Charlotte Center for Legal Advocacy welcomes the announcement from the Biden Administration that the use of Title 42, a public health law, to expel vulnerable migrants at our border will finally end on May 23, 2022.
Public health experts and advocates alike have stated that preventing people from seeking asylum has no public health rationale and asylum seekers can be processed safely. Yet the policy remained in place even as other COVID-19 related precautions, including restrictions on business and leisure travel, were phased out.
Since March 2020, over 1.7 million expulsions have been carried out under Title 42, with far-ranging consequences for those expelled. Human Rights First has tracked at least 9,886 cases of kidnappings, torture, rape, and other violent attacks on people expelled to Mexico due to the Title 42 policy since President Biden took office.
While this announcement is welcome news, the fight is not yet over. There are now several congressional efforts and legal challenges to stop the termination of Title 42 and continued advocacy is necessary. In addition, adults and families will continue to face immediate expulsion until the order’s official end on May 23, as announced by Secretary of Homeland Security Alejandro N. Mayorkas.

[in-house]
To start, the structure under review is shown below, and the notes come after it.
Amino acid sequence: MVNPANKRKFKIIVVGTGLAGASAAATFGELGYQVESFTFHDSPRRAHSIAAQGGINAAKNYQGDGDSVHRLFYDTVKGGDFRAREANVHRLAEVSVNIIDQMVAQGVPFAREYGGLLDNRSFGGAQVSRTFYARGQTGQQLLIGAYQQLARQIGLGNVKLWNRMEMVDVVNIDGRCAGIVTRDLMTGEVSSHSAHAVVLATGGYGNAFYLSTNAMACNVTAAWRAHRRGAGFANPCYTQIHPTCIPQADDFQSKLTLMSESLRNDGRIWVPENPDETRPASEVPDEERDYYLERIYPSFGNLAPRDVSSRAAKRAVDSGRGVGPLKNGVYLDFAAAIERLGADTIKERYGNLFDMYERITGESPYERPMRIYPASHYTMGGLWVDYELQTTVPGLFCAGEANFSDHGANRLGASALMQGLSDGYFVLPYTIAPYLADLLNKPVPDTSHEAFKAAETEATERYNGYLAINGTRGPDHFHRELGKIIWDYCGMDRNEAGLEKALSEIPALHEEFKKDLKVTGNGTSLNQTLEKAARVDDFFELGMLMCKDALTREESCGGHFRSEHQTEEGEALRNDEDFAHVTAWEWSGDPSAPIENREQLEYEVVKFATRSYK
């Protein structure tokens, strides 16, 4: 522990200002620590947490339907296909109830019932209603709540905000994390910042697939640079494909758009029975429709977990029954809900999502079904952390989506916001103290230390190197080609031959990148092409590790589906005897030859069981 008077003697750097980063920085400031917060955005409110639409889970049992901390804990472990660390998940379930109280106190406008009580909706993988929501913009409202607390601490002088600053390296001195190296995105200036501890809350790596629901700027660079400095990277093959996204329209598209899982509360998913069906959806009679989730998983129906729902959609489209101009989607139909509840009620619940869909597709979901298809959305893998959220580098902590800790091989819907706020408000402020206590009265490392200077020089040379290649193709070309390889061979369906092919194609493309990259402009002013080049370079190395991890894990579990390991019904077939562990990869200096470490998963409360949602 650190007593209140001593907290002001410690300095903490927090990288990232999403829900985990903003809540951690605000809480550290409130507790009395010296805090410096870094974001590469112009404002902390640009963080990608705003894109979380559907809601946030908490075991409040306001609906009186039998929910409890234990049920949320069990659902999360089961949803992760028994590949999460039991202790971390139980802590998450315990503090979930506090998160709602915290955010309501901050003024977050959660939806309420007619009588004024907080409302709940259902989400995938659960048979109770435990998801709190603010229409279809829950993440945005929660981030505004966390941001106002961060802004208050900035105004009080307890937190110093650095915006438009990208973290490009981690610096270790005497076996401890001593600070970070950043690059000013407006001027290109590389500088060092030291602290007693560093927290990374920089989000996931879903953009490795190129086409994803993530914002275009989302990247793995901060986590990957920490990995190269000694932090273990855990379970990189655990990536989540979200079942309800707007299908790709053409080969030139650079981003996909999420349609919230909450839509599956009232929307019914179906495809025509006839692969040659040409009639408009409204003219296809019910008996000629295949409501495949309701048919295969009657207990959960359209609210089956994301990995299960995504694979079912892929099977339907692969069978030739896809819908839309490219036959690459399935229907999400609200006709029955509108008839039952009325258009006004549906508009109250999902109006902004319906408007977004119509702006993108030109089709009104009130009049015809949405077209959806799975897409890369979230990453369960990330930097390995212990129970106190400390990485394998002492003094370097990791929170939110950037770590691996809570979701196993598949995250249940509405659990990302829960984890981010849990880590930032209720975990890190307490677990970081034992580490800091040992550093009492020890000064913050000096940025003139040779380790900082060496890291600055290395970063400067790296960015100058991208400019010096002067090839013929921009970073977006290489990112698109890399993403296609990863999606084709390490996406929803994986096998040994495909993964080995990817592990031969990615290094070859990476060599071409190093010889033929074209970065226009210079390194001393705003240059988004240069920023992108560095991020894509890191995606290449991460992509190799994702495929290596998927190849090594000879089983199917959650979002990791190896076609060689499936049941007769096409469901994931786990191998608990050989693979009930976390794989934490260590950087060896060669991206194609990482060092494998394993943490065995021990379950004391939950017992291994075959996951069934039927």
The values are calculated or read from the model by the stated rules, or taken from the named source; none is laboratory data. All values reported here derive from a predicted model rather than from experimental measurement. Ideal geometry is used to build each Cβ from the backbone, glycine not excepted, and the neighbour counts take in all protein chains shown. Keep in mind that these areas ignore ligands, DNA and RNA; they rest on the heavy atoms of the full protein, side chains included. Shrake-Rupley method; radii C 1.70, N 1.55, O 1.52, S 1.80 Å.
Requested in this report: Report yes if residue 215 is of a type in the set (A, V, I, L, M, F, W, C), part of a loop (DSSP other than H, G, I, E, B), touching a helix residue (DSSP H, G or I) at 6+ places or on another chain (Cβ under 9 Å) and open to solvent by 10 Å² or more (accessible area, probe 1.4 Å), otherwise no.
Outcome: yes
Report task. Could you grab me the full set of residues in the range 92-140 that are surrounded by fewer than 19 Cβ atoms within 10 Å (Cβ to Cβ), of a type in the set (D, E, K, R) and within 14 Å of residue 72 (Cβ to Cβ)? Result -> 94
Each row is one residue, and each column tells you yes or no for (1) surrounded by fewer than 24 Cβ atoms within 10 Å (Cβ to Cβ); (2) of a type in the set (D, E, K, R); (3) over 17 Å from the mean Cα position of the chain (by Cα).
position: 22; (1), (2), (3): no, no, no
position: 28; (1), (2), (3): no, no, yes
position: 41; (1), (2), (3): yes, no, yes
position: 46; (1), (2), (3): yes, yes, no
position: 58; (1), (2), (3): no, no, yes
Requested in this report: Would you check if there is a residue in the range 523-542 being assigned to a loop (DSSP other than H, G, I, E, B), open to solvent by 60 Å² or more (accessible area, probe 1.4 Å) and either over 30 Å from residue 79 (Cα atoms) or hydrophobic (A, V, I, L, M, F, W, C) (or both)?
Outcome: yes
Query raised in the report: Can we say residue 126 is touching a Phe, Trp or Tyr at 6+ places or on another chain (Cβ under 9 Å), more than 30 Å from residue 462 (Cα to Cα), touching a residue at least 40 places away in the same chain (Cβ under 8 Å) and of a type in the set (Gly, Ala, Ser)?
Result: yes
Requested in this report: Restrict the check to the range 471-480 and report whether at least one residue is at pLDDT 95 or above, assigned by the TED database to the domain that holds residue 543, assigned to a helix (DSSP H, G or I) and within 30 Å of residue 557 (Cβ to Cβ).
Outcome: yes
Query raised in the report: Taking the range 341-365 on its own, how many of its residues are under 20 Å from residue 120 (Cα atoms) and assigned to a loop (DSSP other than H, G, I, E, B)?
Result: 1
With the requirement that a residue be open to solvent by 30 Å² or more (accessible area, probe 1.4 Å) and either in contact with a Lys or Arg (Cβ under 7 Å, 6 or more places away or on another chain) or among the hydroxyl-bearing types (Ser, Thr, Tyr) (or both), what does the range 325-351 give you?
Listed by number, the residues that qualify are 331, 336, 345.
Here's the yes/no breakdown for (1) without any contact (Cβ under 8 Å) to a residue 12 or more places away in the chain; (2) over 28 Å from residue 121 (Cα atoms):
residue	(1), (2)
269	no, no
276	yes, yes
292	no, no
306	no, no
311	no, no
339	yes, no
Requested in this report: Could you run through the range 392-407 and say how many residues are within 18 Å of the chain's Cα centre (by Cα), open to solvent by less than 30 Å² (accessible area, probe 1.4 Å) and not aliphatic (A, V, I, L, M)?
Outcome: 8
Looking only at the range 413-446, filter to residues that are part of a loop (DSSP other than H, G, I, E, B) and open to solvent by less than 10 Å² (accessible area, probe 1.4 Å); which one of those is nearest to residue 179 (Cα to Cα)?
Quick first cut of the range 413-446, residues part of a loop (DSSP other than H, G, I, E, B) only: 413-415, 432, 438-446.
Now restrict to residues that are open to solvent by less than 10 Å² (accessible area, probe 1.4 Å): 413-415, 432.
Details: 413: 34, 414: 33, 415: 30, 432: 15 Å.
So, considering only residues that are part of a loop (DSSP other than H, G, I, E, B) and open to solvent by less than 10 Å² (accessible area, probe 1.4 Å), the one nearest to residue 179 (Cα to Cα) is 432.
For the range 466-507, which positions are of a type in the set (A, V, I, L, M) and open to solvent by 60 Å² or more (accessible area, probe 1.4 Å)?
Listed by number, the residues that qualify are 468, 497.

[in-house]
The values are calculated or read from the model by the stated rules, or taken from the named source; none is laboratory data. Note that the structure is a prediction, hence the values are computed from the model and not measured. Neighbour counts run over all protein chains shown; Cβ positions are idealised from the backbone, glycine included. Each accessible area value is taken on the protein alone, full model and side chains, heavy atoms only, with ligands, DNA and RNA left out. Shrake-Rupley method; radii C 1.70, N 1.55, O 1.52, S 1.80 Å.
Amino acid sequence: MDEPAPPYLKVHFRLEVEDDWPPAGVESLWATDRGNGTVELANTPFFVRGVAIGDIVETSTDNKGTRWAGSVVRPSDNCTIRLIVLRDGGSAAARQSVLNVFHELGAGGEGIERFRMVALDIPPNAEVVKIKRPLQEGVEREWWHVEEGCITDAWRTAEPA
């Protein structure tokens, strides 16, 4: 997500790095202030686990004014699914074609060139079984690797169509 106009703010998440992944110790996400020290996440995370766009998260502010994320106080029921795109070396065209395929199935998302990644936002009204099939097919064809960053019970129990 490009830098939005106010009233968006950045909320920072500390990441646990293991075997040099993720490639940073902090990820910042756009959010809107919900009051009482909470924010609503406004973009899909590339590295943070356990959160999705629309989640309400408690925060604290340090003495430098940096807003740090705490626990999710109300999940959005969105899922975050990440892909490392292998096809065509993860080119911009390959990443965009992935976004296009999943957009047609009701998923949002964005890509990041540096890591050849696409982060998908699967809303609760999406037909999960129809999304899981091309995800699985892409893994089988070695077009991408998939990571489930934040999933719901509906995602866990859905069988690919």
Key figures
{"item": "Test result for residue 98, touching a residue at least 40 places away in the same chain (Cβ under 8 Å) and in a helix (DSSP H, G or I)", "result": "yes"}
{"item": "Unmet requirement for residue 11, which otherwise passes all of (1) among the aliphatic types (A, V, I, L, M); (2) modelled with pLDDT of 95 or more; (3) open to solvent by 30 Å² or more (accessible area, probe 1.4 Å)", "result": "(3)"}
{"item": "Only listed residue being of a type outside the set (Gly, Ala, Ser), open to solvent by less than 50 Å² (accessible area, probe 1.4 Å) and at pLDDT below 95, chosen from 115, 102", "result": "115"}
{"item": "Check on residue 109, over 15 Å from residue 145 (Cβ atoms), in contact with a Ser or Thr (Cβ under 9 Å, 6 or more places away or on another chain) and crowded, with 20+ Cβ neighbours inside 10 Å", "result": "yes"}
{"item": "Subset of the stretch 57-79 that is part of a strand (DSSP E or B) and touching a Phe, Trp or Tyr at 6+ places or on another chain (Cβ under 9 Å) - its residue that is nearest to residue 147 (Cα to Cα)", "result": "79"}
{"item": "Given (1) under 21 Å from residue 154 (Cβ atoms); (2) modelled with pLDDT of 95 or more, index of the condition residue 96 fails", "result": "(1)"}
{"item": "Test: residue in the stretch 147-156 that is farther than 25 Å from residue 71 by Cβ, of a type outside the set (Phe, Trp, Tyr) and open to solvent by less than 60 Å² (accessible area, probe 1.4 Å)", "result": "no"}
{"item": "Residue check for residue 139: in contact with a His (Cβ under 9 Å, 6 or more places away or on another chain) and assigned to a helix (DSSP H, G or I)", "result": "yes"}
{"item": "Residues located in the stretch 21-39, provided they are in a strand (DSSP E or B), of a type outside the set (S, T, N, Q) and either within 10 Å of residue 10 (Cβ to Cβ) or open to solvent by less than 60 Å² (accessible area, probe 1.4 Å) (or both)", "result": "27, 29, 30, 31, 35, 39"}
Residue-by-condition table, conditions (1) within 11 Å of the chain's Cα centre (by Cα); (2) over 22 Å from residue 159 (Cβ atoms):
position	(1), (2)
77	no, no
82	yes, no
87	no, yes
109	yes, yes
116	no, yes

After Title 42 is lifted, those seeking asylum in the U.S. will still face an uphill battle. The Migrant Protection Protocols (MPP), also known as the “Remain in Mexico” program, which forces many asylum seekers to wait in dangerous areas of Mexico until their court hearings, remains in effect. As of January 2022, those wait times for an asylum hearing averaged five years, though the Biden Administration recently announced plans to streamline the asylum process.
We must continue to advocate for fair and humane asylum policies, as well as sufficient staffing, resources, and coordination with organizations working with asylum seekers on both sides of the border. These efforts will ensure due process and the equitable treatment of all people seeking protection.